6. Embedded in European archaeology: the Carpathian Basin
The Carpathian Basin as a Melting Pot? Perspectives on Social and Cultural Diversity from the Neolithic to the Bronze Age
The session focuses on the Carpathian Basin as a social and cultural melting pot during the Neolithic, Chalcolithic and Bronze Age. Due to its location at the interface of diverse environments and historical landscapes it had the character of a contact zone and was an arena for numerous instances of interaction, which resulted in manifold forms of material culture linking distinct parts of Eurasia. In the past, archeologists aimed to tackle the challenges of interpreting the materials by creating various cultural groups and studying their chronological positioning. In the last decades new research methods (e.g. Bayesian approach of radiocarbon dating, multidisciplinary field survey, aDNA) together with new theoretical perspectives provided the means of studying materials, sites or microregions in a refined fashion. As a result, the prehistoric narratives of regional and supra-regional level have become increasingly detailed (event-based resolution). The arising challenge is twofold: firstly, the integration of heterogenous datasets and contradictory perspectives on the past, secondly, to implement findings into scientifically-sound concepts (social organization, landscape perception, technological studies), and, lastly, to integrate the dynamics of the distinguished aspects.
The aim of this session is to discuss the details of transmission and transformation processes from the social archaeological perspective, compare the different periods and focus on diachronic change. We would like to consider the ways of integrating legacy and recent datasets towards answering new questions related to the Carpathian Basin.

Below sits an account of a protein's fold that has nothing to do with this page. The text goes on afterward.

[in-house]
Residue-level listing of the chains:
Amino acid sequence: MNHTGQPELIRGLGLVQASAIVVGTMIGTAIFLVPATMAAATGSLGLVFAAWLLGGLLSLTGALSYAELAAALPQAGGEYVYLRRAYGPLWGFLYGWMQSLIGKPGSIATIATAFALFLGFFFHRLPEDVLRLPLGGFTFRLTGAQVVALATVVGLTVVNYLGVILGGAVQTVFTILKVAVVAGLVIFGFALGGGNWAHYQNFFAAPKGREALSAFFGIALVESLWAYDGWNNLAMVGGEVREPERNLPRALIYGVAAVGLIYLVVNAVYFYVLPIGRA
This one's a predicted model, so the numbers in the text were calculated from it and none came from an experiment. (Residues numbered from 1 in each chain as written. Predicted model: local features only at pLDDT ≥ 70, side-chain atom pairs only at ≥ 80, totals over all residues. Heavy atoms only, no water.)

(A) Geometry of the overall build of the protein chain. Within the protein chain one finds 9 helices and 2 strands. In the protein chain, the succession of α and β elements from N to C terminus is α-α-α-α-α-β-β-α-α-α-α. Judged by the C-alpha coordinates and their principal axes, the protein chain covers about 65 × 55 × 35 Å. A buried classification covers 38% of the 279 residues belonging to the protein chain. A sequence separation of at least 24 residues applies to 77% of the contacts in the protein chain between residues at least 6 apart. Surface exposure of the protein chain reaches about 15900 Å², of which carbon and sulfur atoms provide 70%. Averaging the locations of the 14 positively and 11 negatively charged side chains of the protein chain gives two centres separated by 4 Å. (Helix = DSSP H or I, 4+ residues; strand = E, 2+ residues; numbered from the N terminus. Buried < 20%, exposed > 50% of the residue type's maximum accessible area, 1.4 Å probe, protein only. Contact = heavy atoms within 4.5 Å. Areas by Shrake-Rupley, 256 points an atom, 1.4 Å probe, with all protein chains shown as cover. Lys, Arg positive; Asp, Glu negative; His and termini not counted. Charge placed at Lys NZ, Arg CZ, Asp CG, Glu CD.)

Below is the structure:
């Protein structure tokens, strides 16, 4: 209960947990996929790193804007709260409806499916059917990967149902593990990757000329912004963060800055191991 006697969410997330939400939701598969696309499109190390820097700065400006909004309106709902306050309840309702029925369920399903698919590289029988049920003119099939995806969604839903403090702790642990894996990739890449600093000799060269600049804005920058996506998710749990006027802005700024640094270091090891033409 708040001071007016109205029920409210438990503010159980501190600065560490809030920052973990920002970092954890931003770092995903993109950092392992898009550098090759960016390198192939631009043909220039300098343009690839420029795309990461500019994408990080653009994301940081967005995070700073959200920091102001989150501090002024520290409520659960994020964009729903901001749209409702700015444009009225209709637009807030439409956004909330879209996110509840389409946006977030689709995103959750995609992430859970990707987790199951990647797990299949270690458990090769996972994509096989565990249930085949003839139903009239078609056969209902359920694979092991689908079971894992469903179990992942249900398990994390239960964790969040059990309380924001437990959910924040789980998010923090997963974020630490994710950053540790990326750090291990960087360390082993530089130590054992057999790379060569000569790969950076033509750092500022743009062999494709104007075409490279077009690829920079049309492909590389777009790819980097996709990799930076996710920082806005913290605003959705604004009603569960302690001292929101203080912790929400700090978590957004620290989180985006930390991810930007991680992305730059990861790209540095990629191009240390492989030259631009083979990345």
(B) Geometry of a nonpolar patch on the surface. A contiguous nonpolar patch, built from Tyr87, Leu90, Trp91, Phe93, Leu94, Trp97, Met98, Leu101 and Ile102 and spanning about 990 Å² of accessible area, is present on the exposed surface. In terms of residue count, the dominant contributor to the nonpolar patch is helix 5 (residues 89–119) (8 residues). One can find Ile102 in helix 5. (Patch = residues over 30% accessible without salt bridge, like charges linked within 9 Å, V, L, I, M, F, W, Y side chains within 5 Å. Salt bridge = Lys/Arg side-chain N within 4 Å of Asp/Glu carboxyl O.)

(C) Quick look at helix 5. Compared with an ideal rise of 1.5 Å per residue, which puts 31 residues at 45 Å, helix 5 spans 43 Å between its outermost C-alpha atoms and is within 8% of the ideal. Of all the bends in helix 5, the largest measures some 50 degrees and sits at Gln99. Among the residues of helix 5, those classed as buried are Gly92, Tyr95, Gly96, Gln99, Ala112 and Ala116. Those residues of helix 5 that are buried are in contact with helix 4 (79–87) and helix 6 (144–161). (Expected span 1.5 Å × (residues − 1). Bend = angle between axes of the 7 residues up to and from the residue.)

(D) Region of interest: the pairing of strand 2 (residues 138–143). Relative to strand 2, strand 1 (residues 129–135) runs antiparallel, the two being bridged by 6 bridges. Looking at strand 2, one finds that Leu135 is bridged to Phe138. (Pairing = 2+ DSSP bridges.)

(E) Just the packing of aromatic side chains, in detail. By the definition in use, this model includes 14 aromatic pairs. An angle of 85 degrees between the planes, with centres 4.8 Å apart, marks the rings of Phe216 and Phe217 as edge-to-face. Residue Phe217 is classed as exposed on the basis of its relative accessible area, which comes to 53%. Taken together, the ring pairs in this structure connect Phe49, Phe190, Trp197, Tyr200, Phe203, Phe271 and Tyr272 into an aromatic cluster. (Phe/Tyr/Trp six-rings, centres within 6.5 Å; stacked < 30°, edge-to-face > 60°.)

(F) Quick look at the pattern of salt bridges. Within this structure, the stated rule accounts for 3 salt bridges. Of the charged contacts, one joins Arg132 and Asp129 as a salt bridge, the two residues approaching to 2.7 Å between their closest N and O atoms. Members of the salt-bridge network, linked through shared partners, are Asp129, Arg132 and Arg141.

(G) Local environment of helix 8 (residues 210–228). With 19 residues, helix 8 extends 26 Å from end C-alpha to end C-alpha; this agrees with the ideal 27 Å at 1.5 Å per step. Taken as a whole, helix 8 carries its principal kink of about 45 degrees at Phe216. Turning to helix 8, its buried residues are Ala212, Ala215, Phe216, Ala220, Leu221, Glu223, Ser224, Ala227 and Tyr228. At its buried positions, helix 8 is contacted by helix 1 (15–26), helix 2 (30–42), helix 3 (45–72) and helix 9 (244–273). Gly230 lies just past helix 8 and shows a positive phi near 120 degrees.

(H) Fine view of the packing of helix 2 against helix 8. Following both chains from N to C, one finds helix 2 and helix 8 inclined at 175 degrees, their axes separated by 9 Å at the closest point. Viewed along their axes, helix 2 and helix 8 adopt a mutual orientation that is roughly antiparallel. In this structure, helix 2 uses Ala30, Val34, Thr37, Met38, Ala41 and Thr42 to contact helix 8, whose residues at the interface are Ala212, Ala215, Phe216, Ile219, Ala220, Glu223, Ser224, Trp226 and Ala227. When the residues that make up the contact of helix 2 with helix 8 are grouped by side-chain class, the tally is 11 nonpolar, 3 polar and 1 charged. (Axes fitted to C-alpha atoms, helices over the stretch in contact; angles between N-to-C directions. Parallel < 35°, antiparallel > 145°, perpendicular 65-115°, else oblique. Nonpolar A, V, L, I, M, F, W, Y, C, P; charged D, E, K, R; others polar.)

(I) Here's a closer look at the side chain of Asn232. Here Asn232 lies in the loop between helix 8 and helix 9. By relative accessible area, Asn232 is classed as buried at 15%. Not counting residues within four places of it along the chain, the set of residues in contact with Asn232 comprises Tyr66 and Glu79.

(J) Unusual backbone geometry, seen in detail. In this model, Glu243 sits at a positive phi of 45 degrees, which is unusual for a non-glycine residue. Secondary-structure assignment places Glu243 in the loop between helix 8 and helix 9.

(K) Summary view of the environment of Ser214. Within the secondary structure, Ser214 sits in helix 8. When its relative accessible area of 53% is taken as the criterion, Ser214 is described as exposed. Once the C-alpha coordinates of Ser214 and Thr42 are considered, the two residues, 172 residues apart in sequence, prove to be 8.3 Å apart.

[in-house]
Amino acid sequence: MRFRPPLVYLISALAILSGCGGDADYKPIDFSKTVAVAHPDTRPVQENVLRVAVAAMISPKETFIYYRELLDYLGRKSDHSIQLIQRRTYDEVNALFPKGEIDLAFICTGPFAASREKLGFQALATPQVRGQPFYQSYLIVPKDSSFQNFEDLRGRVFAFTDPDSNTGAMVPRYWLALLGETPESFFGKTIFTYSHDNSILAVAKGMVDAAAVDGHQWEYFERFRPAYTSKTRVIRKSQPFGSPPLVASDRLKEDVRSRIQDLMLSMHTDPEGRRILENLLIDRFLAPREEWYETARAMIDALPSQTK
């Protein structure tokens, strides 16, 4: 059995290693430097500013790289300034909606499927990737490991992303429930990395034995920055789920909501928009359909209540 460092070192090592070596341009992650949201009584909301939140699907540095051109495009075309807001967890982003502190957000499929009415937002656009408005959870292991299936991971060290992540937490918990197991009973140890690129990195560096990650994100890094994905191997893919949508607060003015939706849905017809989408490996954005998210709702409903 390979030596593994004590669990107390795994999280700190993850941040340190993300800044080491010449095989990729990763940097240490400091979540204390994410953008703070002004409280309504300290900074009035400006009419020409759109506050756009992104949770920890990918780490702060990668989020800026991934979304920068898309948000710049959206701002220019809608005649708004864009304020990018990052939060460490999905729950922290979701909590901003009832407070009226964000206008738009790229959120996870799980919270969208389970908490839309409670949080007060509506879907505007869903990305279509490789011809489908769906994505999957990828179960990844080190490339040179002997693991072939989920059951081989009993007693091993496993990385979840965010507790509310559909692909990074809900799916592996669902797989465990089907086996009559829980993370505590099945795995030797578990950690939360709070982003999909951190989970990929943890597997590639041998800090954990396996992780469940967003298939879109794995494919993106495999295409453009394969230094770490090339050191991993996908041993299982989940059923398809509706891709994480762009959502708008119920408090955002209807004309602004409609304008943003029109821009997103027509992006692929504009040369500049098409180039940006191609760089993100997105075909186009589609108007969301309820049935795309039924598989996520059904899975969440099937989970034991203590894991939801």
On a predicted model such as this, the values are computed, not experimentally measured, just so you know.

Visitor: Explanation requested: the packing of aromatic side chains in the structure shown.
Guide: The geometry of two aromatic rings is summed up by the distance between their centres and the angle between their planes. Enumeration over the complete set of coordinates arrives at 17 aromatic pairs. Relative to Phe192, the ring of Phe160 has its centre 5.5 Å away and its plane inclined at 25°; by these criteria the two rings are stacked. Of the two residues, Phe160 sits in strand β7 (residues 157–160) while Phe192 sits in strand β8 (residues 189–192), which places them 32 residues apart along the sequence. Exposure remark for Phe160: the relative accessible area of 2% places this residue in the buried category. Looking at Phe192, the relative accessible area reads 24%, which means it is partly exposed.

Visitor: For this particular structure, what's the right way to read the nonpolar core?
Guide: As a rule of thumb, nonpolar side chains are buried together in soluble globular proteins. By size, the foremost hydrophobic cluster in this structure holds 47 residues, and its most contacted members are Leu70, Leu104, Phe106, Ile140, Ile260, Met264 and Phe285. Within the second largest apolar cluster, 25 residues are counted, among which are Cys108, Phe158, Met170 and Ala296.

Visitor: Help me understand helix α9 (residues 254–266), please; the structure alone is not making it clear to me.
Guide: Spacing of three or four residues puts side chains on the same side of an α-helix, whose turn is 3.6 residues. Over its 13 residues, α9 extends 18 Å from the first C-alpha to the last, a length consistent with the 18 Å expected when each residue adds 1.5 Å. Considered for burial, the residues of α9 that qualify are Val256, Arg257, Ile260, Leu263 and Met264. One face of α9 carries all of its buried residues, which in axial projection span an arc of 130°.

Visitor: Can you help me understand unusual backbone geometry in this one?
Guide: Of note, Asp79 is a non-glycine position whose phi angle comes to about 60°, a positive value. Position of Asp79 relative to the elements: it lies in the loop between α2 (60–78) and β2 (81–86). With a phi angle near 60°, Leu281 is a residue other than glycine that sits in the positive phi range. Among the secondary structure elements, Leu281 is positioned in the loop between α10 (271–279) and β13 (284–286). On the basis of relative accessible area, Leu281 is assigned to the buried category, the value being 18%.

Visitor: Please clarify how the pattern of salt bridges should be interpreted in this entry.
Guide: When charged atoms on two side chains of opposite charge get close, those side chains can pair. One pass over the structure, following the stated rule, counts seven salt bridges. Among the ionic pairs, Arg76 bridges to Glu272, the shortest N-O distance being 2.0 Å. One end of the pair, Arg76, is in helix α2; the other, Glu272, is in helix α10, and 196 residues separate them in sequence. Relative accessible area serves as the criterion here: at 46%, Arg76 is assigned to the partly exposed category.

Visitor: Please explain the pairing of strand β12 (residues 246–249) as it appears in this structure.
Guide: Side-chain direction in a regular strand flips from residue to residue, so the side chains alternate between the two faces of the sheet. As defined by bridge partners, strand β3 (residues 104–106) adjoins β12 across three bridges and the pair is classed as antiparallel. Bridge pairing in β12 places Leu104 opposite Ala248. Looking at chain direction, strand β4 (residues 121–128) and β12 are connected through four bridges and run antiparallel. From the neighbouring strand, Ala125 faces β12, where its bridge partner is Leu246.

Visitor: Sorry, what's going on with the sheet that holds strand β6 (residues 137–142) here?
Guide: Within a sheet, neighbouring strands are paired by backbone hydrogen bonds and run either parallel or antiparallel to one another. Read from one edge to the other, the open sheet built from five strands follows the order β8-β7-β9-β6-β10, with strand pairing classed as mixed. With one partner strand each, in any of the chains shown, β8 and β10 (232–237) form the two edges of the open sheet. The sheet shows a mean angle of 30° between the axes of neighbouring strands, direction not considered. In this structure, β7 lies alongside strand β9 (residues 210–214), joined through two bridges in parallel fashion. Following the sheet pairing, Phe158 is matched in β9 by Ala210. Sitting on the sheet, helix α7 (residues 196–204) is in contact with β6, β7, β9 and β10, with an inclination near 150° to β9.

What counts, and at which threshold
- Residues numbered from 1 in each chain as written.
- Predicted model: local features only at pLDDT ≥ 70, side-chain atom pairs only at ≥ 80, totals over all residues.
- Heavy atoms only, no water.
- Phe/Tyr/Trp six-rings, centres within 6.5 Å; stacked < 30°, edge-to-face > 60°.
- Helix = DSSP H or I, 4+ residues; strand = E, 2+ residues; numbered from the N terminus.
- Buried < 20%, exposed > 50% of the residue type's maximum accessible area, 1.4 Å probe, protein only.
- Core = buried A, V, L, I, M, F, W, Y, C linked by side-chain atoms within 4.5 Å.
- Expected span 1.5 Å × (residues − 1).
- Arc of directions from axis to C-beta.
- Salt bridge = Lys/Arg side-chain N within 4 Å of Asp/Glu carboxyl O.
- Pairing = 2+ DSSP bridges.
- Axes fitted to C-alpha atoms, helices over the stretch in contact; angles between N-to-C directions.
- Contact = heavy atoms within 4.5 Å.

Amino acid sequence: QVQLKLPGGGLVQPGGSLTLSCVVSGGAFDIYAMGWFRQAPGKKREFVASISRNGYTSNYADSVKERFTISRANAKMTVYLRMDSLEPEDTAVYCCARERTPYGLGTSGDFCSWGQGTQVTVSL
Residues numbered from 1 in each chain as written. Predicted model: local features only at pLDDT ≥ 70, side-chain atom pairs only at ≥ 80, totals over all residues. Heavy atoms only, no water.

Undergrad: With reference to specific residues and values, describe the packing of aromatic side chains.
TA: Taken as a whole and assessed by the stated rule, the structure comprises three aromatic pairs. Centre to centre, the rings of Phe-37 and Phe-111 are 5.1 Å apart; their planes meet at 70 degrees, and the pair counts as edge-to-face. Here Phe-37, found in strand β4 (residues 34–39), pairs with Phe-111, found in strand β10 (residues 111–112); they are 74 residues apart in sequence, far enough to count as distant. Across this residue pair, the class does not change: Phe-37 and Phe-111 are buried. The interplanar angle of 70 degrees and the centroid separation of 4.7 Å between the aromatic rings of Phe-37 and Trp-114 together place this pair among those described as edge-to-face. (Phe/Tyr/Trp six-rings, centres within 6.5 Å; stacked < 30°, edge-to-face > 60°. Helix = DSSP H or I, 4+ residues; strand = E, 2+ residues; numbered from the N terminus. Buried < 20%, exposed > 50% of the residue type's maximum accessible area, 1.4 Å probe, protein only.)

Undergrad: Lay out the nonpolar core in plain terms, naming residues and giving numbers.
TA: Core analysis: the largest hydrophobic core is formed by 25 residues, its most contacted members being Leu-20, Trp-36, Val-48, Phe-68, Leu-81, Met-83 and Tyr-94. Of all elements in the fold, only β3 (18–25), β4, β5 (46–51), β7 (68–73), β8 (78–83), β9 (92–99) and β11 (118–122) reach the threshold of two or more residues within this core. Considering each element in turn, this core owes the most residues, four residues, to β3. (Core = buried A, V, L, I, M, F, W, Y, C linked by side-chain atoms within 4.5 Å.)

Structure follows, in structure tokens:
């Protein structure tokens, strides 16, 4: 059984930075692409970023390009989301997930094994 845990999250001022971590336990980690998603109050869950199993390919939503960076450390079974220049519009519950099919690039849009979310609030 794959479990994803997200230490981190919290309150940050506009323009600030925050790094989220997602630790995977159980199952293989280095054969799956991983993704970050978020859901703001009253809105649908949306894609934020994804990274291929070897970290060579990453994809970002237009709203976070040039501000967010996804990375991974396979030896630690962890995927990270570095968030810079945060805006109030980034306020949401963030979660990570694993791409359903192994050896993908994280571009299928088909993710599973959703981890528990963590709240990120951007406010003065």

We welcome contributions to the following questions:
- How did new traditions, ideas and practices spread between the Carpathian Basin and adjacent regions?
- How can different research methods be used to formulate coherent models on settlement patterns, natural environment and social organization?
- How can we quantify the scales of the transformation in different periods?
- How are current research models and theories affecting the interpretation of past findings?
Cultural and social diversity, Carpathian Basin and its surroundings, Neolithic Chalcolithic and Bronze Age, social archaeological approaches, raw material’s resources and networks system, multidisciplinary research method
Session associated with MERC:
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Session associated with other:
Kata Szilagyi (Hungary) 1
Martin Furholt (Norway) 2
Robert Hofmann (Germany) 3
Robert Staniuk (Germany) 3
Margaux Depaermentier (Switzerland) 4
1. Mora Ferenc Museum, University of Szeged
2. University of Oslo, Institute of Archaeology, Conservation and History
3. Kiel University, Institute of Pre- and Protohistoric Archaeology
4. Archaeological Institute, Dep. of Early Medieval and Roman Provincial Archaeology, University of Basel
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